Ennemond Gaultier was the first of a series of lute composers by the name of Gaultier. Therefore he is often referred to as Gaultier le Vieux, the Old Gaultier. He was called Gaultier of Lyon because he was born near that city, or Gaultier of Vienna because he worked there. Other nicks include The True or The First Gaultier. So I guess we'll just stick with Ennemond.

Ennemond was born about 1575 and composed during the beginning of the French Baroque. He was one of the originators of the Style Brisé, or Broken Style of luteplaying. His music is soft and gentle, perfect for a near-quiet moment, but somewhat lacking in excitement.

With his Pièces de luth, Ennemond was one of the first to write a collection for one specific instrument. 22 pieces attributed to him survive today, and are still played by the wielders of the lute. Most of them were based on popular contemporary melodies.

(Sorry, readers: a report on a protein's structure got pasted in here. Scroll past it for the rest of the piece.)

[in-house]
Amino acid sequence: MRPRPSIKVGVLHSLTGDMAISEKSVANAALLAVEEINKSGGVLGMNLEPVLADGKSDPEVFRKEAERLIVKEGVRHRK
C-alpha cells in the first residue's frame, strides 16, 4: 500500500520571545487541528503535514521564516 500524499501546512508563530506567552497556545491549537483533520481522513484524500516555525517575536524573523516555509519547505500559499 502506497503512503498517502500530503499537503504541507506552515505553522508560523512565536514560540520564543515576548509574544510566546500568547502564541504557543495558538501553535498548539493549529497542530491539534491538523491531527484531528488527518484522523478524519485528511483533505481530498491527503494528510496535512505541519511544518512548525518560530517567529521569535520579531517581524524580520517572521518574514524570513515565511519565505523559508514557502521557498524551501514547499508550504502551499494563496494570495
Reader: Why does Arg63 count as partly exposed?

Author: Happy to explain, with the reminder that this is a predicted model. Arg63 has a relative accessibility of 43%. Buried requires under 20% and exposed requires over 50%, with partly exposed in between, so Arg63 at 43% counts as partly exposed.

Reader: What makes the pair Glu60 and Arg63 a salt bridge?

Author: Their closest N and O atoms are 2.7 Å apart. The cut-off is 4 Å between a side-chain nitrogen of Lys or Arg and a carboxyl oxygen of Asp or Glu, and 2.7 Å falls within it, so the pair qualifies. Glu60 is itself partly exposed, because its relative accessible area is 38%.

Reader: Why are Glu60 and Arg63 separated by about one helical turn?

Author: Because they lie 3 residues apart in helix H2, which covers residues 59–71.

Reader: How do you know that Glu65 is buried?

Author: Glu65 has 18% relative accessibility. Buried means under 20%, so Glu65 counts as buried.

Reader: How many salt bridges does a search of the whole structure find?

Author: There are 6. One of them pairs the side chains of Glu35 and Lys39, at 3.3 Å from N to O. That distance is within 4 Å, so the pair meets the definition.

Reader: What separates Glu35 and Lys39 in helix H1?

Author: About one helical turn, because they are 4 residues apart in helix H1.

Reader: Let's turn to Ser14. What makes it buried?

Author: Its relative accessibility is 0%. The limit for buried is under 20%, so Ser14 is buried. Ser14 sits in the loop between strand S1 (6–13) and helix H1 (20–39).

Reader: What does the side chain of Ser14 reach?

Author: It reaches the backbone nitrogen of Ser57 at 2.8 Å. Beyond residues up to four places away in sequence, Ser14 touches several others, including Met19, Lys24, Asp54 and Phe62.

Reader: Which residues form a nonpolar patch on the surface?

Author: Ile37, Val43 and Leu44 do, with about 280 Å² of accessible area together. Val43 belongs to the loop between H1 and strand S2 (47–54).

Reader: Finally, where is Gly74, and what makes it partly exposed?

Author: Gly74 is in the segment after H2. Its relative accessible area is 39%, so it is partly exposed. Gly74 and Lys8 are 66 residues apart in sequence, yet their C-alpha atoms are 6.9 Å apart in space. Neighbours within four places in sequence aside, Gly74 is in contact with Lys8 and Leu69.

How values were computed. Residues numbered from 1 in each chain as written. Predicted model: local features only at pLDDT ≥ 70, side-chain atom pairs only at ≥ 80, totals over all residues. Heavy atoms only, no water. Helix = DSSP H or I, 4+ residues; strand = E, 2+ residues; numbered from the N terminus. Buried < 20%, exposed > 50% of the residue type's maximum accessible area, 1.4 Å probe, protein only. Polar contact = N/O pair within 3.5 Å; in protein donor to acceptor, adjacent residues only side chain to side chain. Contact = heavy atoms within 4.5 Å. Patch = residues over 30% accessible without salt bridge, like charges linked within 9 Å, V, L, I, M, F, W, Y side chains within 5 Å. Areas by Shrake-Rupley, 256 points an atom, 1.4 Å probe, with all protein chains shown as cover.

The music of Gaultier revels in the melancholic. The pieces have titles such as La Pleureuse (The Crying Woman), Les larmes de Monsieur Boisset (The Tears of Mister Boisset), and La belle homicide (The Beautiful Homicide). However, he also wrote happier pieces, dance music called chaconnes, courantes and canaries.

Ennemond was a valet to Maria de Medici, wife of Henry IV and queen of France. He is also reported to have played for Charles I in 1630, but in this he may have been mixed up with another Gaultier. Decidedly he was praised by his contemporaries as well as those who came after him, and was played throughout Europe long after his death. He is thus described in a lute tutor belonging to a Mary Burwell from about 1670:

'Many musicall Lights have risen in France amongst whom a single one as the Sun among the Starres hath drawen the admiration and the praises of all the world. It is the first Gaultier who is named in regard of his age and his meritt old Gaultier to which fortune not soo deafe as blind hastened and through the liberality of Kings Queenes and other Princes Crowned with honour and fulfilled with Riches'.

Ennemond Gaultier died in 1651.